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Reuniting Was Difficult for ViacomCBS, but the Hardest Work Is Yet to Come (Column)

CBS and Viacom walked a long road full of twists and turns on their way to the corporate reunion that was formally sealed on Aug. 13. But the hard work of the merger has only just begun. 

The integration of two media companies would be arduous and exhausting in the best of circumstances. Just look at the examples provided in recent months by AT&T and Disney as those behemoths absorbed Time Warner and 21st Century Fox, respectively. 

There’s been much speculation about the newly minted ViacomCBS moving quickly to make more acquisitions to add to its larder of IP and episodes. But in reality, Viacom and CBS’ rank and file will be consumed for some time in the backbreaking work of integration: getting email systems aligned, unifying pension and health plans, centralizing accounts payable and receivable, and on and on. That’s the proverbial death by a thousand paper cuts that can sap the strength of even well-run organizations. Or in the words of a senior executive at a former Time Warner company: “It starts out with everybody obsessing over who’s in and who’s out and what’s being restructured, and then [over time] you realize everybody around you is just agitated because they can’t find their old files on their new computers.”

Moreover, there will surely be a human toll — in the form of an unknown number of layoffs as CBS and Viacom consolidate overlapping divisions and corporate functions. The enlarged company has promised to generate $500 million in cost savings within two years.

The other mantra for dealing with the harsh reality after the hoopla of a deal announcement is to expect the unexpected. Disney earlier this month had to acknowledge that it didn’t see a few land mines that were buried in Fox’s film division. Weakness at 20th Century Fox and merger-related costs were factors in Disney’s rare earnings miss with its fiscal third-quarter results earlier this month. AT&T was forced to grapple with a bigger leadership shake-up than anticipated in February and March when the three heads of the former Time Warner divisions — HBO, Turner and Warner Bros. — left abruptly for different reasons.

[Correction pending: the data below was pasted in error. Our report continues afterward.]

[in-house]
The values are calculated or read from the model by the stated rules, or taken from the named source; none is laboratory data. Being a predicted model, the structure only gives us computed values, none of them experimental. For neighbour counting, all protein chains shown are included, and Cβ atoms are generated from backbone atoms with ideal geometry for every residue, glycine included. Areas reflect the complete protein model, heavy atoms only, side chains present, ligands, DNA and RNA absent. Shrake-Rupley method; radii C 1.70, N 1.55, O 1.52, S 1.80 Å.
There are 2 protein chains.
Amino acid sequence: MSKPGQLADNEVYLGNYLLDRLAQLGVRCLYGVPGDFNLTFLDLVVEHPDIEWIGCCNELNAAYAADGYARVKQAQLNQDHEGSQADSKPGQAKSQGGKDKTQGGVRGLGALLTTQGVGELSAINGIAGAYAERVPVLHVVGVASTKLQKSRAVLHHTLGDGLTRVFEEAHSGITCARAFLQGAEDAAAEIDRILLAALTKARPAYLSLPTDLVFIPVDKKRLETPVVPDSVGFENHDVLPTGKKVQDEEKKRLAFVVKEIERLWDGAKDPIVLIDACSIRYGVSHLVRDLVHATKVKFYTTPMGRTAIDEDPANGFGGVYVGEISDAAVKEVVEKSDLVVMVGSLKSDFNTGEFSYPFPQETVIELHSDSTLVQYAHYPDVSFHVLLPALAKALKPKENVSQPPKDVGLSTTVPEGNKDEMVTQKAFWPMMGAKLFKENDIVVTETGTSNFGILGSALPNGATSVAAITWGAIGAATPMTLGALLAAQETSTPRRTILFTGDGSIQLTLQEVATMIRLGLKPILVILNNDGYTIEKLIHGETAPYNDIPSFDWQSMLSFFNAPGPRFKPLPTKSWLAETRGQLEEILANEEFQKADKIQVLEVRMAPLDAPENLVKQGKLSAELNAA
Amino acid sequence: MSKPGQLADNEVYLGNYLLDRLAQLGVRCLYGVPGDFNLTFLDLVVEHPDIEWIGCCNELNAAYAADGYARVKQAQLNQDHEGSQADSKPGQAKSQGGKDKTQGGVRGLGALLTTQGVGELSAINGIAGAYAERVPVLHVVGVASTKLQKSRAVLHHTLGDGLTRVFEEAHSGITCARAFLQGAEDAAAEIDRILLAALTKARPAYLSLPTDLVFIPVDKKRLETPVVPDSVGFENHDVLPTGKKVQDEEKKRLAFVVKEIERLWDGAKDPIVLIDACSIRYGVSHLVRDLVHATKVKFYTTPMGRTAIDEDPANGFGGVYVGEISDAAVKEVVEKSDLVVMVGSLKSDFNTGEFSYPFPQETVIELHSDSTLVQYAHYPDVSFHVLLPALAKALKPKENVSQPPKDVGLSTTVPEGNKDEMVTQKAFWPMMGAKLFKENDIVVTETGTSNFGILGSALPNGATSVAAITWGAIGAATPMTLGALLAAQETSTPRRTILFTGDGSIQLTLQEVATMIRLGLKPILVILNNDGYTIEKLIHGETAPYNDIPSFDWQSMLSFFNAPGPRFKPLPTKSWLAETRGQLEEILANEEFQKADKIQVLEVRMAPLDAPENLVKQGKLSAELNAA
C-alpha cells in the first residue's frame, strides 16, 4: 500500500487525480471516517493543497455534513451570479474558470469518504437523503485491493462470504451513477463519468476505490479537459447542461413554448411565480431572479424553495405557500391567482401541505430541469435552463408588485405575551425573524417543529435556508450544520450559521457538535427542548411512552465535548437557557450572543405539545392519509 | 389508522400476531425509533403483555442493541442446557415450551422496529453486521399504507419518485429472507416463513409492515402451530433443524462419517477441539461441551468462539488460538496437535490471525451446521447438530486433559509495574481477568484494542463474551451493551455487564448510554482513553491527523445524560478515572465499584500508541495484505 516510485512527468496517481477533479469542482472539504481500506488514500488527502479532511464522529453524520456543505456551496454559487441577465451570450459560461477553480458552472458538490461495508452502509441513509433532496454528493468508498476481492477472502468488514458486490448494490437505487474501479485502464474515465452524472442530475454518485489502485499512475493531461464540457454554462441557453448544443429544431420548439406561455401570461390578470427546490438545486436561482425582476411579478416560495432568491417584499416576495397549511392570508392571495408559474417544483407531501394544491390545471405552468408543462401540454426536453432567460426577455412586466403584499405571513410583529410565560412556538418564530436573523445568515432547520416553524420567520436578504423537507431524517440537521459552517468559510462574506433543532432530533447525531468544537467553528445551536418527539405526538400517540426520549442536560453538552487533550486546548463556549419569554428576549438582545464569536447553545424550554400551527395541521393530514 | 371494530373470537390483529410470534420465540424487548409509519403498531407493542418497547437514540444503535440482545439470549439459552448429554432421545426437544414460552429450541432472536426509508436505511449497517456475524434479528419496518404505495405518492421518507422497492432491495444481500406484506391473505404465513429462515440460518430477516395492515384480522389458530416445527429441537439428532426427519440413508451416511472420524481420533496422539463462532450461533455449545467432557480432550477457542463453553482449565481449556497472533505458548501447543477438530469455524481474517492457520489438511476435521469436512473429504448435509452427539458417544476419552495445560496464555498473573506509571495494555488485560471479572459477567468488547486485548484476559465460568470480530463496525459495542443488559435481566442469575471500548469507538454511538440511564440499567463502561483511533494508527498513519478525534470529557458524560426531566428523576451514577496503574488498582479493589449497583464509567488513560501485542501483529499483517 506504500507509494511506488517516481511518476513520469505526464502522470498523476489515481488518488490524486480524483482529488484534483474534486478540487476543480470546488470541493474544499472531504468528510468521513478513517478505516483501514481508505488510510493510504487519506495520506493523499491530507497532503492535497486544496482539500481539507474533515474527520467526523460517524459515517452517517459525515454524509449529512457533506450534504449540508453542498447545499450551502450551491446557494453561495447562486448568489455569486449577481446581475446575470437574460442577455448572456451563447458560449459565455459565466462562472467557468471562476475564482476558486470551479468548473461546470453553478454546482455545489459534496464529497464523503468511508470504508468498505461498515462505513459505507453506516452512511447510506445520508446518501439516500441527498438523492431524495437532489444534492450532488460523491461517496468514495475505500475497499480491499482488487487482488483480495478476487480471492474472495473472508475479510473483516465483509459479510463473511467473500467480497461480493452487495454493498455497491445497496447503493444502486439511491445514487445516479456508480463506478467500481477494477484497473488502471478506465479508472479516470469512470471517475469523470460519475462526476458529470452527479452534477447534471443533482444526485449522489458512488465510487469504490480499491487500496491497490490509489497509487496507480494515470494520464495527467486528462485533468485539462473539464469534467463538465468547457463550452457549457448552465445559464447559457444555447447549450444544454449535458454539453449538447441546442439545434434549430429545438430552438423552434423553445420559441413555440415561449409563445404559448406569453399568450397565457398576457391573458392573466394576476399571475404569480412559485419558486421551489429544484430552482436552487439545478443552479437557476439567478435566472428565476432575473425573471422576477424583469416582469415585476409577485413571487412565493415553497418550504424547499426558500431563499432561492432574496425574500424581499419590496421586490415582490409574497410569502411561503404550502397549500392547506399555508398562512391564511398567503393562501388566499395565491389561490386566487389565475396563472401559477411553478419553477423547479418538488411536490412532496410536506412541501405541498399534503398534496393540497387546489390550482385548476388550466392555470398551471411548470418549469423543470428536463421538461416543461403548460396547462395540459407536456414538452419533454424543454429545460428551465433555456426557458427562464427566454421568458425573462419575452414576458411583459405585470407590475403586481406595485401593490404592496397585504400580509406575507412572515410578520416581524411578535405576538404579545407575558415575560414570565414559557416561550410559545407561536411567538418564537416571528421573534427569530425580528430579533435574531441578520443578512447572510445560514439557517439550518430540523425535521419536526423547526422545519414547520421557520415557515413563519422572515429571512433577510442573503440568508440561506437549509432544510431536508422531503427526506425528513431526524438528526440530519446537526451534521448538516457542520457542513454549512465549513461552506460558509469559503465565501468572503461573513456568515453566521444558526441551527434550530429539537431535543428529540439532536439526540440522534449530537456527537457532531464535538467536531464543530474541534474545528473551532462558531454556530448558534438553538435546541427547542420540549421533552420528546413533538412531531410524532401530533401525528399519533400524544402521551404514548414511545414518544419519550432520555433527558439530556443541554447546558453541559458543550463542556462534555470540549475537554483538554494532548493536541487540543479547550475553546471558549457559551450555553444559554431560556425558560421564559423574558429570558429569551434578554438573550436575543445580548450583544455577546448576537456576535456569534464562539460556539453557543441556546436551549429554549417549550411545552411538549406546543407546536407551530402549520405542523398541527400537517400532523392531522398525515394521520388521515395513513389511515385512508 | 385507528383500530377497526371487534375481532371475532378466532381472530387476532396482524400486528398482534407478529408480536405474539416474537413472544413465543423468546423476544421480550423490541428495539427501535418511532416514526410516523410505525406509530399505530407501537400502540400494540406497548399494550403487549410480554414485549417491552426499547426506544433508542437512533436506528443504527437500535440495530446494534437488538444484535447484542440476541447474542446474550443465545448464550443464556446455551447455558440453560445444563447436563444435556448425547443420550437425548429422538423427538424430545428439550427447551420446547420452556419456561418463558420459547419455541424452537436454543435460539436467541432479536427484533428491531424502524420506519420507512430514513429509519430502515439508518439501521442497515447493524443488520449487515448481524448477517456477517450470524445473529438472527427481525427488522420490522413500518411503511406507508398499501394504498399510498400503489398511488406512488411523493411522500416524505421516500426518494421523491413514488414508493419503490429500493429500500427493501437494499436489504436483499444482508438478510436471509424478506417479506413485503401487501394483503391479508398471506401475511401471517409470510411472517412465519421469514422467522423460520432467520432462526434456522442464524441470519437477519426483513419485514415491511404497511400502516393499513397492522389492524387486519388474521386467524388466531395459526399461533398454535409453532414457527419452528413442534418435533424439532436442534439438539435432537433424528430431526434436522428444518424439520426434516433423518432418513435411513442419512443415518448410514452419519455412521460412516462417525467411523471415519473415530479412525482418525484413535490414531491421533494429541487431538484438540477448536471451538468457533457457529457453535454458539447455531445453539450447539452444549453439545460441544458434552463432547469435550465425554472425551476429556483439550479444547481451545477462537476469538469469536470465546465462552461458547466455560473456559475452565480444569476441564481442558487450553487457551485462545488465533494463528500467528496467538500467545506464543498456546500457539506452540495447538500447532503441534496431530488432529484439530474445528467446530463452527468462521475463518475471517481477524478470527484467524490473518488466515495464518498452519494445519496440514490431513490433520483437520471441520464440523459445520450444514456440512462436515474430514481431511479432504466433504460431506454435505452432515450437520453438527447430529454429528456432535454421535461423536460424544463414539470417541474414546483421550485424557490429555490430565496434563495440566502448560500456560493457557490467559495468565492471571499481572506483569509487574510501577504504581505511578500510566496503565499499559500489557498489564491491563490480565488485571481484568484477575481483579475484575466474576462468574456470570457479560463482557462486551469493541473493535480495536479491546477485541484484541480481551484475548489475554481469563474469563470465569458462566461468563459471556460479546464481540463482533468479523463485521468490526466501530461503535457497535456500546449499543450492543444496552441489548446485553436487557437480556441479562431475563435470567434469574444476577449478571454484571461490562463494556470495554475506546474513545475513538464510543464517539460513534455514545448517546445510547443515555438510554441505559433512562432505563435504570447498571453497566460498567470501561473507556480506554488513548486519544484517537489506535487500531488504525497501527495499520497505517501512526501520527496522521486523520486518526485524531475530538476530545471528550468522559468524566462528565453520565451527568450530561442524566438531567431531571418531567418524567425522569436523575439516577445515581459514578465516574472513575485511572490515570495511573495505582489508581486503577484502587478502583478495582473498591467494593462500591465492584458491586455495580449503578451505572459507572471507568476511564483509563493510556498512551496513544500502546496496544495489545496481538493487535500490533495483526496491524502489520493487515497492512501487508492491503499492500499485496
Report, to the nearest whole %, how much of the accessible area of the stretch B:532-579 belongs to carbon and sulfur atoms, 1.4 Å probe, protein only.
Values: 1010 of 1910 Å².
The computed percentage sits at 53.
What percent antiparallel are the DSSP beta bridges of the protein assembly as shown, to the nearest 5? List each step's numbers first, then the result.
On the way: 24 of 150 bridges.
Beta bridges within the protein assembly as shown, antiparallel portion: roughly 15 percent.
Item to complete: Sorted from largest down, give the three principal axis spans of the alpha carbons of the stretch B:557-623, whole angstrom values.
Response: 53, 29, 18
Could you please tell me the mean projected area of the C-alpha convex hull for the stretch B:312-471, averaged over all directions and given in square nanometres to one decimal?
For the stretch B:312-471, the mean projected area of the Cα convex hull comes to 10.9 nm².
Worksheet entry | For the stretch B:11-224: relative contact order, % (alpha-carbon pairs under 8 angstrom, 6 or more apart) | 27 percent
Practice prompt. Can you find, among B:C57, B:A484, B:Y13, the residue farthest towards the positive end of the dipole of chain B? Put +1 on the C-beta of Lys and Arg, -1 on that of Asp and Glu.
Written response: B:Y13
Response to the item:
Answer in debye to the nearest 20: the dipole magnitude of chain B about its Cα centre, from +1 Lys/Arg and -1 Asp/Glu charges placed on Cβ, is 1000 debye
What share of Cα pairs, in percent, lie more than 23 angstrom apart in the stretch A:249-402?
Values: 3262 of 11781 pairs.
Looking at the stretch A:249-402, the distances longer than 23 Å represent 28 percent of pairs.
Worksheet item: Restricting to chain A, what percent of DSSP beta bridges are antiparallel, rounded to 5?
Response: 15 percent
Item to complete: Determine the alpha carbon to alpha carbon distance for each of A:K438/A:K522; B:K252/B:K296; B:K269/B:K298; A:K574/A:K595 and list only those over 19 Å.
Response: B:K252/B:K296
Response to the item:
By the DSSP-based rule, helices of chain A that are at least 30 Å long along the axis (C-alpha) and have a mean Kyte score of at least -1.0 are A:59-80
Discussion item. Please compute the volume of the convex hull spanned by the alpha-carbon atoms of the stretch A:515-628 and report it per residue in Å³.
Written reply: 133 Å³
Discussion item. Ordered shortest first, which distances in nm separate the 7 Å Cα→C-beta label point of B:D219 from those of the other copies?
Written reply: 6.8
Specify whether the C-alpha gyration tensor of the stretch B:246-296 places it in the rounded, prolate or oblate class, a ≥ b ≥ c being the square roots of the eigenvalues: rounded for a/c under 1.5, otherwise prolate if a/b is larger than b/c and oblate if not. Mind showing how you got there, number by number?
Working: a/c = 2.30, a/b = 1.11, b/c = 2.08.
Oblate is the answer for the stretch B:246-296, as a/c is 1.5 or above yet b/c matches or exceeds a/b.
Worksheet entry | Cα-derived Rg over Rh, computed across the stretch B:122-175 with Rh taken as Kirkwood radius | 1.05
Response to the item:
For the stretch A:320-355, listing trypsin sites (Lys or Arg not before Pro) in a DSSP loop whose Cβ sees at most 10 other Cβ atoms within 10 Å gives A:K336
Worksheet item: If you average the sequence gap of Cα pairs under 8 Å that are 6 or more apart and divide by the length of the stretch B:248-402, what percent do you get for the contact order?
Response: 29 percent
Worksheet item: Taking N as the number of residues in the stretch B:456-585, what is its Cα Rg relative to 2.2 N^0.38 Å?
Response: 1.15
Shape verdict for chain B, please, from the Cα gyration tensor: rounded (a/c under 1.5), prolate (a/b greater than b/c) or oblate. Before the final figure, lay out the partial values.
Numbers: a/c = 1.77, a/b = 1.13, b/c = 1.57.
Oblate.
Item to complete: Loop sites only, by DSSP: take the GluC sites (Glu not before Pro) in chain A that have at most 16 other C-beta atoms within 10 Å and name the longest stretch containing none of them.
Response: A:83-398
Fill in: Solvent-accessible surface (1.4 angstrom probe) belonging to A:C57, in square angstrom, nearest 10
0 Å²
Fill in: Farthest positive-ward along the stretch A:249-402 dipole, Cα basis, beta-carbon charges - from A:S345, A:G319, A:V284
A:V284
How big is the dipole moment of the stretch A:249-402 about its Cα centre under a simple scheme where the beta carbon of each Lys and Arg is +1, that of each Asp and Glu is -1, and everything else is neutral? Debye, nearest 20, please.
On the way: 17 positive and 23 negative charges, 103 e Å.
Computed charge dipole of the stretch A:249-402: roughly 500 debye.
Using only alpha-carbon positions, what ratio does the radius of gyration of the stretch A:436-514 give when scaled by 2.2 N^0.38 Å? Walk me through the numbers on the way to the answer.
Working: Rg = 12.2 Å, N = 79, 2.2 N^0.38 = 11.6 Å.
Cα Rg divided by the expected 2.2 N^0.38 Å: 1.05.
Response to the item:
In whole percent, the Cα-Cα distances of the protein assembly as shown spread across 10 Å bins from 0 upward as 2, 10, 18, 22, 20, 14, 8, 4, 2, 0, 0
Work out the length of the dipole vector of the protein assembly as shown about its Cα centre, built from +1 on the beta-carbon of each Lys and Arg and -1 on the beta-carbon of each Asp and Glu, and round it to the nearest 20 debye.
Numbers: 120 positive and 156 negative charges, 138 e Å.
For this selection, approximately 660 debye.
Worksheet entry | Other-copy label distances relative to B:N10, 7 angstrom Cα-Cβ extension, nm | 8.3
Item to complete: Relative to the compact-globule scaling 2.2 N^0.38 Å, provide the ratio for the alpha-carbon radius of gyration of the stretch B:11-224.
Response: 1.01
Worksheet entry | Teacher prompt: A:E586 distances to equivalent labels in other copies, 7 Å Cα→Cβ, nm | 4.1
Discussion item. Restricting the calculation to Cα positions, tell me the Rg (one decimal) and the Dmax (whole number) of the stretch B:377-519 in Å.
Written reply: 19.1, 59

The long history of sibling rivalry between CBS and Viacom means that there will likely be some wariness between the two camps even among those who come to the table with the most collaborative of intentions. That’s human nature. A number of CBS-Viacom watchers have questioned the setup of the management structure, with Viacom’s Bob Bakish overseeing the combined company as president and CEO while Joe Ianniello runs the CBS-branded businesses as chairman-CEO. There’s concern that this construct could be a deterrent to the kind of cross-divisional brainstorming and focus that will be needed to make the merger more than the sum of its glossy network, studio and digital parts: CBS, MTV, Showtime, Paramount Pictures, CBS All Access, Pluto TV, Simon & Schuster and AwesomenessTV, to name a few.

Finding new and better (from a profit margin perspective) ways to make money is imperative for CBS and Viacom because of the headwinds buffeting the sectors that are most important to the combined company’s bottom line: advertising and affiliate fees. 

Television advertising is under pressure from falling linear-TV ratings. Affiliate fees in aggregate are declining because of cord-cutting, which clearly accelerated in the second quarter, based on earnings disclosures from distributors and programmers. The initial excitement about the new wave of digital MVPDs has mellowed out to recognition that growth at Hulu Live and YouTube TV is not enough to offset the steady drumbeat of five- and six-figure quarterly declines in video subscribers at Comcast, DirecTV, Charter and other large MVPDs.

One of the benefits of bringing together CBS and Viacom was to make them both more formidable at the negotiating table with distributors. CBS’ emphasis in the past decade on securing retransmission consent fees has made the Eye less dependent on advertising but more vulnerable to the swings of the pay-TV landscape. Some analysts think the corporate reunion may be coming too late to make a meaningful difference in rates for either CBS or Viacom if the overall traditional pay-TV universe continues to shrink. “The new company will have to work extra hard to prove the financial merits of this combination,” wrote analyst Michael Nathanson of MoffettNathanson, who has voiced support for the re-merger for several years.

The extra-hard-work prescription also extends to the integration tasks — from mundane technical issues to job losses — that most directly affect employee morale. ViacomCBS’ future chairman Shari Redstone has often mentioned her focus on maintaining a culture of creativity and innovation at the companies her family controls. As Viacom and CBS prepare for what they hope will be a speedy closing process (given that Redstone’s National Amusements already controls both firms), leaders may find that the road ahead is just as fraught with obstacles as it was getting to the M&A altar.  

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